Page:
After seven decades as an independent, Murray’s Cheese, including its Greenwich Village flagship, was acquired by Kroger Co. in February. Since 1940, Murray’s Cheese has been offering the finest selection of cheese, meat and specialty food items to New Yorkers, chefs and cheese lovers nationwide. Murray’s Cheese flourished under the ownership of Rob Kaufelt, and it was under his leadership that Murray’s formed a unique partnership with Kroger in 2008, developing a store-within-a-store concept for the grocery giant. These locations replicate the same experience customers enjoy at its Greenwich Village flagship store; each shop carries hundreds of cheeses, charcuterie, olives, crackers and specialty food items from all over the world. Murray’s Cheese has been deeply involved with product selection, staff training and development, merchandising and promotions. Today, more than 350 Murray’s Cheese shops operate inside Kroger stores. Murray’s Cheese staff has trained thousands of cheesemongers and Certified Cheese Professionals through its relationship with Kroger.
Pastoral Artisan Cheese, Bread & Wine
www.pastoralartisan.com Pastoral Artisan Cheese, Bread and Wine has established itself as Chicago’s preeminent destination for artisan and farmstead cheeses that are cut to order, charcuterie, wine, sandwiches and other gourmet staples. Partners Greg O’Neill and Ken Miller wanted to create a true specialty shop and took inspiration from specialty shops in the United States and in Europe. Since 2004, the business has expanded from one location to four, and two restaurants, Bar Pastoral and Appelation.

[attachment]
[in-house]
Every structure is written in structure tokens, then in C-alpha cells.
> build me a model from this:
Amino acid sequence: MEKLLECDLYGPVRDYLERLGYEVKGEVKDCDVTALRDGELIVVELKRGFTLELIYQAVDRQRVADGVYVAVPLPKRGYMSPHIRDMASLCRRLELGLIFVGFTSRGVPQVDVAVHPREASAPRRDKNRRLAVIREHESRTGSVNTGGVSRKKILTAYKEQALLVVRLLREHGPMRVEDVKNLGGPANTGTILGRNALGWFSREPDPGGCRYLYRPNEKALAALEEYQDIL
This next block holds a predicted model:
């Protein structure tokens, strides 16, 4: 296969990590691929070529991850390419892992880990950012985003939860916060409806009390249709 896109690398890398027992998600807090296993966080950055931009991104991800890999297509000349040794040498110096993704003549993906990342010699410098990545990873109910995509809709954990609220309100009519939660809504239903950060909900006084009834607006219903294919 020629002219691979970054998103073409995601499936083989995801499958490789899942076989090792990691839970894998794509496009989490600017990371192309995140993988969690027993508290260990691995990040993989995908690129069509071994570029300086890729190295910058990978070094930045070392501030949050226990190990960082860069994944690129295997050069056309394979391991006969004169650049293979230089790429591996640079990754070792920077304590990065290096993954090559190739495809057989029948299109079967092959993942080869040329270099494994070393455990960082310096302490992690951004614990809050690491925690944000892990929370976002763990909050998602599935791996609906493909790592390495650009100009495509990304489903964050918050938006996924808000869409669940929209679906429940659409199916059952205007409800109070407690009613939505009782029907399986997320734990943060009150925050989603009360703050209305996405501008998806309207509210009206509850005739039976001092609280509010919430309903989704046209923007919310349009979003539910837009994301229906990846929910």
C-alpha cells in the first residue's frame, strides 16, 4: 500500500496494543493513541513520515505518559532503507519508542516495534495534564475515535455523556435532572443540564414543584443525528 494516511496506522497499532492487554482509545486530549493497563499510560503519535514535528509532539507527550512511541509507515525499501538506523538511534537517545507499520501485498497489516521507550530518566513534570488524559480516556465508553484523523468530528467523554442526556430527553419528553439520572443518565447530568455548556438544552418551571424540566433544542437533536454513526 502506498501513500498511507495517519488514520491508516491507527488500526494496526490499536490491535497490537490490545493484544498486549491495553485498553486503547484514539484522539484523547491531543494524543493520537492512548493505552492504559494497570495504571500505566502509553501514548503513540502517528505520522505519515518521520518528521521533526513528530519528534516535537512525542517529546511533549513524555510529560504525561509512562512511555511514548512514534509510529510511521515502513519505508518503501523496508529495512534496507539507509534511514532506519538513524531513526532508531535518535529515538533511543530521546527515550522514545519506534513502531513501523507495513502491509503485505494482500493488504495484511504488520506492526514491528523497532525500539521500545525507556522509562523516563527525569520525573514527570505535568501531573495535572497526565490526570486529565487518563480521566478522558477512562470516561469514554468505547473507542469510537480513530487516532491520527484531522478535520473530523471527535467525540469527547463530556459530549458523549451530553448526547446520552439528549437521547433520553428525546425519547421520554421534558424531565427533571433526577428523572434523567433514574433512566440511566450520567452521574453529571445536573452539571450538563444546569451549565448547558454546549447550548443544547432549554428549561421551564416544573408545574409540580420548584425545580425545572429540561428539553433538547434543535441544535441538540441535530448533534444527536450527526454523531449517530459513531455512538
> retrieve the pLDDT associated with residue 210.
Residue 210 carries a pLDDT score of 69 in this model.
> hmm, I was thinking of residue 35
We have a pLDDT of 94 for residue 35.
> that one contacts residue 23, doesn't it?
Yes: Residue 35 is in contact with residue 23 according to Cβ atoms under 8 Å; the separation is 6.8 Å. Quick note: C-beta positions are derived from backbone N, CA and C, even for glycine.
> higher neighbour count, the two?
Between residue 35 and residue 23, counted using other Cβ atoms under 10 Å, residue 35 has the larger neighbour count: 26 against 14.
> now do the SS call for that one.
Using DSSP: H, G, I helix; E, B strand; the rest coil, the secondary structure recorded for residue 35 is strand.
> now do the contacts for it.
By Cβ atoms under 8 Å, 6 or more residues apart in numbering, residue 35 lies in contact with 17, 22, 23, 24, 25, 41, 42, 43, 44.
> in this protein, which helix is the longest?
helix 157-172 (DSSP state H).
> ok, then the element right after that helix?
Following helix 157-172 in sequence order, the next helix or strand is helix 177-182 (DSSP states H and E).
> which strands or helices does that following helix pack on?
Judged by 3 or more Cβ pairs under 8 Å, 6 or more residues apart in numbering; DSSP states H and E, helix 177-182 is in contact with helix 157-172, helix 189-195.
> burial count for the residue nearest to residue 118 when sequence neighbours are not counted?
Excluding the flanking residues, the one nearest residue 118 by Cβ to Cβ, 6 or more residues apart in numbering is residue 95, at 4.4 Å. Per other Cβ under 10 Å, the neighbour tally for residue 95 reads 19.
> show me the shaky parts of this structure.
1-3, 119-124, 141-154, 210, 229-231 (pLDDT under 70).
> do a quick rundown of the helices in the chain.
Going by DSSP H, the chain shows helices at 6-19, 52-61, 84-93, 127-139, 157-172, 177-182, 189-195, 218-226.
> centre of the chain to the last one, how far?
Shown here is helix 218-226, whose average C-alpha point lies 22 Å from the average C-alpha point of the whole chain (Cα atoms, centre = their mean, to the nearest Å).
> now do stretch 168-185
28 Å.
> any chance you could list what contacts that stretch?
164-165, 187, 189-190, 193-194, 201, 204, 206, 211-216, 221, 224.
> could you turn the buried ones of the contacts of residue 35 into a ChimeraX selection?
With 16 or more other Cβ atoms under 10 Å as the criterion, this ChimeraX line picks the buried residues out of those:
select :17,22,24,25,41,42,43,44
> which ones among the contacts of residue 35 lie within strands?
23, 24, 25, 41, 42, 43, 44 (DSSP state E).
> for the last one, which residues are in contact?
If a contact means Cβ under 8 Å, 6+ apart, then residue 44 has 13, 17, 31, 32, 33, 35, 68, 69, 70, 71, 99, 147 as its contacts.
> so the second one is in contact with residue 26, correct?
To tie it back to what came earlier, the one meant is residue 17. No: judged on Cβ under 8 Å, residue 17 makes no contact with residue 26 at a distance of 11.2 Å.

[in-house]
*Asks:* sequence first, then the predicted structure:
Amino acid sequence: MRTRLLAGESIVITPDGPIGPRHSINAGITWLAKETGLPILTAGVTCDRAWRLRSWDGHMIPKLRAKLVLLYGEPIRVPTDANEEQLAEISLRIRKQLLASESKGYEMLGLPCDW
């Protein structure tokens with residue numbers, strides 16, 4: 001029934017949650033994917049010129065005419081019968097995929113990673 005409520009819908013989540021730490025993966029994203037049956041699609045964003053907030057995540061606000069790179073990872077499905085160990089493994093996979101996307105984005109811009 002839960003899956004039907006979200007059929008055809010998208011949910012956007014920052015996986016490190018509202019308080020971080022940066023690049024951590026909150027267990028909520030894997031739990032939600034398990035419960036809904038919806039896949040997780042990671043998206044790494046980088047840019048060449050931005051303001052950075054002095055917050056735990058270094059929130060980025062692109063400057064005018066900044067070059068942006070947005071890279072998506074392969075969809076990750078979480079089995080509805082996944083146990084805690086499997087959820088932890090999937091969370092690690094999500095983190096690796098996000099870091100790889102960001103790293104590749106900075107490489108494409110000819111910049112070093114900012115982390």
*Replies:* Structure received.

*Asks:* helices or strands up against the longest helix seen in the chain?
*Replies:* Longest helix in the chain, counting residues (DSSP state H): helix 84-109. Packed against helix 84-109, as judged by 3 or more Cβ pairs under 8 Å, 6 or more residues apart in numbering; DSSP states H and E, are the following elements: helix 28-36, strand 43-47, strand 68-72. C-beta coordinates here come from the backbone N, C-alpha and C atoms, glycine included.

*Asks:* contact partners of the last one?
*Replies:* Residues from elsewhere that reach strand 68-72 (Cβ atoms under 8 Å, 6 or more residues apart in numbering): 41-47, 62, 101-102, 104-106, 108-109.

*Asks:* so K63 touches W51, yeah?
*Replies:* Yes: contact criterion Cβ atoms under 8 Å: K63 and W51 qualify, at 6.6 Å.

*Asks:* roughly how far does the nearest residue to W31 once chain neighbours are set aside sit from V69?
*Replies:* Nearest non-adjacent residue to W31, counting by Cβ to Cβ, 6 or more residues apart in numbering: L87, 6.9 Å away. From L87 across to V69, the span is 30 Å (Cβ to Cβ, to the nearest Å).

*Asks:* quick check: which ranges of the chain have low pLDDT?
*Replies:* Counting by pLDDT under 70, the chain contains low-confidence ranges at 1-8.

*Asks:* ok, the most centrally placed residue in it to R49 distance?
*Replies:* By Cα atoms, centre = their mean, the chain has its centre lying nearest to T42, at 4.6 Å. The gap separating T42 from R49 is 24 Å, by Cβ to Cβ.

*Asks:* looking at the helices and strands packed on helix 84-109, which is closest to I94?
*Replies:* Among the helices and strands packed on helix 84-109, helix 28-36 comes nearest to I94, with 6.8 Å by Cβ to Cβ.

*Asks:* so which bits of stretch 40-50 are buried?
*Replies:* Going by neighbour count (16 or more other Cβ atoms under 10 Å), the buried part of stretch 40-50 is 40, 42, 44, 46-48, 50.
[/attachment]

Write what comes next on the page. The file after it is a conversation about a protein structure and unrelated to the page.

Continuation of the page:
This award-winning cut-to-order cheese shop is committed to purveying the best domestic artisanal cheeses, which account for 50 percent of what’s in store. The cheese case is stocked with Texan, domestic and European cheeses. Scardello holds two to three cheese classes a week. Big D magazine has given Scardello its Best Cheese Class Award. Cheese 101 is offered every month and a wine and cheese pairing class is offered four or five times a year. Many of the classes are seasonal, such as a blue cheese class in January, a fresh cheese class in spring and a mountain cheese class in fall. Several classes are geared to holidays, such as Chocolate, Cheese and Bubbles at Valentine’s Day and Holiday Decadence, which focuses on charcuterie and cheese, for the winter festivities. Most cost $40. An array of “extra credit” classes, costing $20, are offered in the Dallas Farmers Market location.